We may not even be able to measure the constant c directly. For example, we may know that a given expression of the language, such as if, takes a constant number of machine instructions, but we may not know exactly how many. Moreover, the same sequence of instructions executed on a Pentium IV will take less time than on a Pentium II (although the difference will be roughly a constant factor). So these estimates are usually only accurate up to a constant factor anyway. For these reasons, we usually ignore constant factors in comparing asymptotic running times.

Computer scientists have developed a convenient notation for hiding the constant factor. We write O(n) (read: ''order n'') instead of ''cn for some constant c.'' Thus an algorithm is said to be O(n) or linear time if there is a fixed constant c such that for all sufficiently large n, the algorithm takes time at most cn on inputs of size n. An algorithm is said to be O(n2) or quadratic time if there is a fixed constant c such that for all sufficiently large n, the algorithm takes time at most cn2 on inputs of size n. O(1) means constant time.

Polynomial time means nO(1), or nc for some constant c. Thus any constant, linear, quadratic, or cubic (O(n3)) time algorithm is a polynomial-time algorithm.

This is called big-O notation. It concisely captures the important differences in the asymptotic growth rates of functions.

One important advantage of big-O notation is that it makes algorithms much easier to analyze, since we can conveniently ignore low-order terms. For example, an algorithm that runs in time

10n3 + 24n2 + 3n log n + 144

is still a cubic algorithm, since

10n3 + 24n2 + 3n log n + 144
<= 10n3 + 24n3 + 3n3 + 144n3
<= (10 + 24 + 3 + 144)n3
= O(n3)

Of course, since we are ignoring constant factors, any two linear algorithms will be considered equally good by this measure. There may even be some situations in which the constant is so huge in a linear algorithm that even an exponential algorithm with a small constant may be preferable in practice. This is a valid criticism of asymptotic analysis and big-O notation. However, as a rule of thumb it has served us well. Just be aware that it is only a rule of thumb--the asymptotically optimal algorithm is not necessarily the best one.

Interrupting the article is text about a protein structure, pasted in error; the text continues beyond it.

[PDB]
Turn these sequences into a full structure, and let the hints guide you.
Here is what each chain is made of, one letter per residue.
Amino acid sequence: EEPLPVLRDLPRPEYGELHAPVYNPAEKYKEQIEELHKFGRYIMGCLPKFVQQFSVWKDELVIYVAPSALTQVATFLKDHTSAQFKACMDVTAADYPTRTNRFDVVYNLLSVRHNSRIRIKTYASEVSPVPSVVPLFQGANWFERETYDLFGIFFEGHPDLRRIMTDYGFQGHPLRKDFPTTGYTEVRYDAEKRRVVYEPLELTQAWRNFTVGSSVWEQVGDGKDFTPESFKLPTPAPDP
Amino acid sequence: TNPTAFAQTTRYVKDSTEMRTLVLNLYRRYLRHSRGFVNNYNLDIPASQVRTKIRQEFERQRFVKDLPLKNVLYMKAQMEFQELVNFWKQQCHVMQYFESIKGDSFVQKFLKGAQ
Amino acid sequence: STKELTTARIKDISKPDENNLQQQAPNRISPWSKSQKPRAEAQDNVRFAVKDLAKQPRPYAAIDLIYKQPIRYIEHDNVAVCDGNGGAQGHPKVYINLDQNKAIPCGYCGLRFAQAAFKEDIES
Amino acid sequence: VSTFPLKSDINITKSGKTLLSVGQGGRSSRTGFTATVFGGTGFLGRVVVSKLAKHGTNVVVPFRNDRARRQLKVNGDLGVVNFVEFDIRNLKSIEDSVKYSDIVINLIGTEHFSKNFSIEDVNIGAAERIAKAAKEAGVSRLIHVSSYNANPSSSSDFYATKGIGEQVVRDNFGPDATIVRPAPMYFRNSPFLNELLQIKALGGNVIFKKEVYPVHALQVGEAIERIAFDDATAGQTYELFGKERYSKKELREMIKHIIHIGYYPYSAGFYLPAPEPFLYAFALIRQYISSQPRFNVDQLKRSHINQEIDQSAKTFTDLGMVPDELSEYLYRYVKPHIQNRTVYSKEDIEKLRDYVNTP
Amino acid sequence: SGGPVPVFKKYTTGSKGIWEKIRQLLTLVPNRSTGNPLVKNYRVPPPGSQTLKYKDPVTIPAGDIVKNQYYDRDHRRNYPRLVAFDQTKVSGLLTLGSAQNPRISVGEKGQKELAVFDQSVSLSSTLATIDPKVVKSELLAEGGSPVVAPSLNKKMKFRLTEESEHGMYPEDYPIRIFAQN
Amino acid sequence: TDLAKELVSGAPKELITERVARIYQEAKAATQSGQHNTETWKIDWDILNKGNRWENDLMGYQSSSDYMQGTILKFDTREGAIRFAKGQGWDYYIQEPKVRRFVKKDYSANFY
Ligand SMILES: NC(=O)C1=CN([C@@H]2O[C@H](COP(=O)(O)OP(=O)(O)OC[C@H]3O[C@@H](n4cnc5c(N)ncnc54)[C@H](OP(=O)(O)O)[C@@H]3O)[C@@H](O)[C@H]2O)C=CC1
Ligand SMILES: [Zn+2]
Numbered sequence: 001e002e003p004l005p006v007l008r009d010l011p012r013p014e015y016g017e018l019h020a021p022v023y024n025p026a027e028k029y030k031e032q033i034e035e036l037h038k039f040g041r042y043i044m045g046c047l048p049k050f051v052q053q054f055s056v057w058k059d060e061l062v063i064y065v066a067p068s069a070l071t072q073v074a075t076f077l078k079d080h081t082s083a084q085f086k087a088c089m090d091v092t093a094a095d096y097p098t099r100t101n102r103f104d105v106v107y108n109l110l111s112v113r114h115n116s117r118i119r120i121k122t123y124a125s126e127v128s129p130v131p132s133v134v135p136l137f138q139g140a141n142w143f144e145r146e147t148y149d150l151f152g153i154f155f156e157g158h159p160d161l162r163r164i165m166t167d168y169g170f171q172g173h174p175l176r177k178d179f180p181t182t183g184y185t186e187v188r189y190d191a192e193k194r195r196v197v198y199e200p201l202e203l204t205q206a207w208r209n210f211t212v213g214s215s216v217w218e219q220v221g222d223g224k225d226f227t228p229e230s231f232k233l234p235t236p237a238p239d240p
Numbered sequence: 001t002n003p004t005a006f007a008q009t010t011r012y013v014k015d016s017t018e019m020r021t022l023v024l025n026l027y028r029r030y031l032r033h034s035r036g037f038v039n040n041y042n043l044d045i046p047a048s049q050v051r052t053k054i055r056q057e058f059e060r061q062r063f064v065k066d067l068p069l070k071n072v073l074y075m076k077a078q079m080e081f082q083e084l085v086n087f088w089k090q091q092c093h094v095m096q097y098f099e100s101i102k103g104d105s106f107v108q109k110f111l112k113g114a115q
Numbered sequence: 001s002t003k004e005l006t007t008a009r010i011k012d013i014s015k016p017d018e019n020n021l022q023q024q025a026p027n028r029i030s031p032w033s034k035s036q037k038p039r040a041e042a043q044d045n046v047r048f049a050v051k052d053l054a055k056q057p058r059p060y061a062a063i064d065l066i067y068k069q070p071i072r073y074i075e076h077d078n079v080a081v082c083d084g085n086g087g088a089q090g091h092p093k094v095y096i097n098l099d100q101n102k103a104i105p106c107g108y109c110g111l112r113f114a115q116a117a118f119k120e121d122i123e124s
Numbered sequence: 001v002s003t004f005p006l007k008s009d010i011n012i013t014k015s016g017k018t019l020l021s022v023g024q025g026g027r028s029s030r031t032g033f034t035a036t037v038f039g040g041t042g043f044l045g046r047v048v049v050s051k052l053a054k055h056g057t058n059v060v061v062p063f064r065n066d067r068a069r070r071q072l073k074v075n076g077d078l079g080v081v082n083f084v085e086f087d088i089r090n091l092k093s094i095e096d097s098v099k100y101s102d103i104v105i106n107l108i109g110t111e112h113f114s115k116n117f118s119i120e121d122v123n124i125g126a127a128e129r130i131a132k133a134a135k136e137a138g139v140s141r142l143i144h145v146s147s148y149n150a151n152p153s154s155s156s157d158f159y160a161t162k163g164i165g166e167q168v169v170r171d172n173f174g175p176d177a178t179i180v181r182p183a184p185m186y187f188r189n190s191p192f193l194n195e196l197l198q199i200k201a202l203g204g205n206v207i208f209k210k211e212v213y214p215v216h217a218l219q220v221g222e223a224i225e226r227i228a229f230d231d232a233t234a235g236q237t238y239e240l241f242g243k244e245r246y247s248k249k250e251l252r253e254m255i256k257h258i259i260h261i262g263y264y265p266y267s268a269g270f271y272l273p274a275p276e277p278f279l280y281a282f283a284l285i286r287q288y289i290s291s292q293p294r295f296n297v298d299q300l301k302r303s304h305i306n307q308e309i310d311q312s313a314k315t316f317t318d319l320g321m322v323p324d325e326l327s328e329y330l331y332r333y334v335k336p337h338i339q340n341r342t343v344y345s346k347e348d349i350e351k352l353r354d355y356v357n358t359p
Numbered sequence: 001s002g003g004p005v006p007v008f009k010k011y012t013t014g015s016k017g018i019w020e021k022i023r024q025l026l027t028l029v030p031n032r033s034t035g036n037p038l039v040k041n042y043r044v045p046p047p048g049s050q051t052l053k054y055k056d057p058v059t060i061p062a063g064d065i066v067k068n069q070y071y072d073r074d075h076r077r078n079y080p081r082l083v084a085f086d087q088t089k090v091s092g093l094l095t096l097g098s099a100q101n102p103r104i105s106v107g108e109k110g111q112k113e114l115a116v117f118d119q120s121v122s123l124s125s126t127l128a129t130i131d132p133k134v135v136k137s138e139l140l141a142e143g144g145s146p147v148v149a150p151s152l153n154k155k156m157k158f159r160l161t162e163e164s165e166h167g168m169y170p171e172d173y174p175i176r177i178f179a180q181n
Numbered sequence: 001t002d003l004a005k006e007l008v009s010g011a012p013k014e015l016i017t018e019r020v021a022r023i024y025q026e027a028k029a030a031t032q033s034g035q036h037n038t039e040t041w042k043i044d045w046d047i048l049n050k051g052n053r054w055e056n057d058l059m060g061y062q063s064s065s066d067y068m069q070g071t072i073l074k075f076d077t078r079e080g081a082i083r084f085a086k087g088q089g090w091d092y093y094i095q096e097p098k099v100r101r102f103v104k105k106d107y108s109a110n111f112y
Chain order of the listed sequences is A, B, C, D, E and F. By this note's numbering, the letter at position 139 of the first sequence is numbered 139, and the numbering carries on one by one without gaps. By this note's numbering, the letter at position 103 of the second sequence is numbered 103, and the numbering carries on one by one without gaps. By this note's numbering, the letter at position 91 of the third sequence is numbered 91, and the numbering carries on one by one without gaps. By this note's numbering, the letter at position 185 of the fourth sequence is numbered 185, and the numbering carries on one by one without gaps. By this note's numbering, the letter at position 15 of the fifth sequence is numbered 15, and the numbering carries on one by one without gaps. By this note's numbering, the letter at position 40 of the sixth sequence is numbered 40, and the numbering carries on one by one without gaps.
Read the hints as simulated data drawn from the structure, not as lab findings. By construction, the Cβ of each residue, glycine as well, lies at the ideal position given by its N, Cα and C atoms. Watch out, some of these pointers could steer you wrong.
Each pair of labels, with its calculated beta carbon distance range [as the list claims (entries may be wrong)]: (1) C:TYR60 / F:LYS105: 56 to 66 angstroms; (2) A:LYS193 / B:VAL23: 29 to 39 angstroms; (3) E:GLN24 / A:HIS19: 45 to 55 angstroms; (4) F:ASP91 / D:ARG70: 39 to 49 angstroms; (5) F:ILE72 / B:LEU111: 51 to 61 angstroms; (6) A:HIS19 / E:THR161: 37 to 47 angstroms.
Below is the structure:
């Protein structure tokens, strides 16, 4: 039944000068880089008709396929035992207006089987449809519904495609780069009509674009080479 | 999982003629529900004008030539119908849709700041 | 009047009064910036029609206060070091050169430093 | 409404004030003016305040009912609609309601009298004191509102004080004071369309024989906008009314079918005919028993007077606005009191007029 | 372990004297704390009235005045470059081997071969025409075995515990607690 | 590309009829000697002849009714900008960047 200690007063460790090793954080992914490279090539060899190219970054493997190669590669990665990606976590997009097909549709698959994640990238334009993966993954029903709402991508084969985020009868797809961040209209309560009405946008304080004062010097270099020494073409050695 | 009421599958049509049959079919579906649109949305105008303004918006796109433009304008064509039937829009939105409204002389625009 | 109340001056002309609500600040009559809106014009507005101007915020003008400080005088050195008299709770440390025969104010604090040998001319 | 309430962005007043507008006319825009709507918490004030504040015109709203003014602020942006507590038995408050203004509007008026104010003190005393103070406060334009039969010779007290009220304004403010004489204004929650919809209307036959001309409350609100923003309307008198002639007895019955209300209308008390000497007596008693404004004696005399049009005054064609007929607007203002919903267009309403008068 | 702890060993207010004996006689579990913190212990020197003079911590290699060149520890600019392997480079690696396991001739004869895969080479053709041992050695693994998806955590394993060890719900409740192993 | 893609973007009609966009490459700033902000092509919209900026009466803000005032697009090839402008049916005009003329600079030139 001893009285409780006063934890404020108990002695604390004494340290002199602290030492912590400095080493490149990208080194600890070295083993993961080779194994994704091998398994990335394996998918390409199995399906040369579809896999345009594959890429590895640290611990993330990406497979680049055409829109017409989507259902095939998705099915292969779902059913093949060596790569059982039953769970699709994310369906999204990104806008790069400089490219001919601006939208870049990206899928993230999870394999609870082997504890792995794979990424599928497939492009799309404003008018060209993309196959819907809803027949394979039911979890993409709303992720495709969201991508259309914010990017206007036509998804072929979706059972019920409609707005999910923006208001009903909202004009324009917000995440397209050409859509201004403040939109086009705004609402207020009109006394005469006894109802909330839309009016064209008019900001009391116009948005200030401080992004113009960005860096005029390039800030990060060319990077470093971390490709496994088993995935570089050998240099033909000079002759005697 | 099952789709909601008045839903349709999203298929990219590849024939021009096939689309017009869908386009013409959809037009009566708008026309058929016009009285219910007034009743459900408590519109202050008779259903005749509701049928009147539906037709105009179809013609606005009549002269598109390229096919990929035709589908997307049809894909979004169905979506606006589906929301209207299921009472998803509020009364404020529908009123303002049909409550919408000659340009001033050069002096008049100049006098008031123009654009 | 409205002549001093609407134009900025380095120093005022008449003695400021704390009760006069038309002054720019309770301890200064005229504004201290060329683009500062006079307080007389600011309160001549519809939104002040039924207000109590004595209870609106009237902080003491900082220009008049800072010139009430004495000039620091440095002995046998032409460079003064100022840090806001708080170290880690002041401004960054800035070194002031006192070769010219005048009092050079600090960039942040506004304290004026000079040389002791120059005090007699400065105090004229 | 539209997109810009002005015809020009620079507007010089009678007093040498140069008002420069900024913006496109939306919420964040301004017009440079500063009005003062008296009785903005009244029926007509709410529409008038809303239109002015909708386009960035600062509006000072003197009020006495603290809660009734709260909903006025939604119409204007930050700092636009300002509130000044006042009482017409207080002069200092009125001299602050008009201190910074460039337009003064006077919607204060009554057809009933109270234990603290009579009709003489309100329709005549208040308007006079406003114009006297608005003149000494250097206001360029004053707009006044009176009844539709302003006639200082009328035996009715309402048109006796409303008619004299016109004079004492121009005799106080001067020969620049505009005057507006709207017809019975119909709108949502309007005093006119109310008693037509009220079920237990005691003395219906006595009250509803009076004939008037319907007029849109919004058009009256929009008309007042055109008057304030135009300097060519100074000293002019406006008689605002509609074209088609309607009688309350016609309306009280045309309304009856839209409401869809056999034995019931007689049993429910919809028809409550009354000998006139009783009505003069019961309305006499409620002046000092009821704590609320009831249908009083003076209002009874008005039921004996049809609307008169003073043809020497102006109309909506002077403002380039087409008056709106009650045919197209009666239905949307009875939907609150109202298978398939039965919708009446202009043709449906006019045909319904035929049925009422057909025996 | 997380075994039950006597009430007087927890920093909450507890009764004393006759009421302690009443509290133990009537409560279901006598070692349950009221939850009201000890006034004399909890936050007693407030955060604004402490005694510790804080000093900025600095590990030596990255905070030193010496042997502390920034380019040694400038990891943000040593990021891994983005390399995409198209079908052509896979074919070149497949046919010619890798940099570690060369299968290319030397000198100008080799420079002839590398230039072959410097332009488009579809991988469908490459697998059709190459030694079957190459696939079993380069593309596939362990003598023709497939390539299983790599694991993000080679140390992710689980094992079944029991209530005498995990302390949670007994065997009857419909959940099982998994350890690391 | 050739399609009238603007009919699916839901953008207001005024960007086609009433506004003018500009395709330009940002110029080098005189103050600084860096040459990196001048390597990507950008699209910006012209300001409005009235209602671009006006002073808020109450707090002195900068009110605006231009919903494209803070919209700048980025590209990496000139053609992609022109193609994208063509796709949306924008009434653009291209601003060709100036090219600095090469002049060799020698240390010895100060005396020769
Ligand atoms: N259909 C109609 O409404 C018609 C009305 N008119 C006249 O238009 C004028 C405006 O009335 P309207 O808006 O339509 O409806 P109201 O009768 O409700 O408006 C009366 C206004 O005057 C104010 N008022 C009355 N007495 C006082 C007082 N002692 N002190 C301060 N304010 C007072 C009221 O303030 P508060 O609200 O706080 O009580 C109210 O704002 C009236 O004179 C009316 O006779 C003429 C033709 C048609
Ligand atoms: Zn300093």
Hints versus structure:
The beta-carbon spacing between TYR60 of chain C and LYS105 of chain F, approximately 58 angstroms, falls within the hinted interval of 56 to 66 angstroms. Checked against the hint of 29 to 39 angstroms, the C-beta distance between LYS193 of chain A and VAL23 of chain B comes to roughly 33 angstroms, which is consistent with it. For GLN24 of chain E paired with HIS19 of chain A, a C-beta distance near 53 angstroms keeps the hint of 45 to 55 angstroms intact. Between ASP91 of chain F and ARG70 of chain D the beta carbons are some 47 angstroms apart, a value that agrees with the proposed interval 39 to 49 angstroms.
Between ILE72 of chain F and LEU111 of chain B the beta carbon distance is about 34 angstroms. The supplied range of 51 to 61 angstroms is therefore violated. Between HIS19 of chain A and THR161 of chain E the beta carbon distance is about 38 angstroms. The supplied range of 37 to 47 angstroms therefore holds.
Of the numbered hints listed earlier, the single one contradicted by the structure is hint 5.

Some common orders of growth seen often in complexity analysis are

O(1) constant
O(log n) logarithmic
O(n) linear
O(n log n) "n log n"
O(n2) quadratic
O(n3) cubic
nO(1) polynomial
2O(n) exponential

Here log means log2 or the logarithm base 2, although the logarithm base doesn't really matter since logarithms with different bases differ by a constant factor. Note also that 2O(n) and O(2n) are not the same!

Comparing Orders of Growth

Let f and g be functions from positive integers to positive integers. We say f is O(g(n)) (read: ''f is order g'') if g is an upper bound on f:  there exists a fixed constant c and a fixed n0 such that for all n≥n0,

f(n) ≤ cg(n).

Equivalently, f is O(g(n)) if the function f(n)/g(n) is bounded above by some constant.

We say f is o(g(n)) (read: "f is little-o of g'') if for all arbitrarily small real c > 0, for all but perhaps finitely many n,

f(n) ≤ cg(n).

Equivalently, f is o(g) if the function f(n)/g(n) tends to 0 as n tends to infinity. That is, f is small compared to g. If f is o(g) then f is also o(g)

We say that f is Ω(g(n)) (read: "f is omega of g") if g is a lower bound on f for large n. Formally, f is Ω(g) if there is a fixed constant c and a fixed n0 such that for all n>n0,

cg(n) f(n)

For example, any polynomial whose highest exponent is nk is Ω(nk). If f(n) is Ω(g(n)) then g(n) is O(f(n)). If f(n) is o(g(n)) then f(n) is not Ω(g(n)).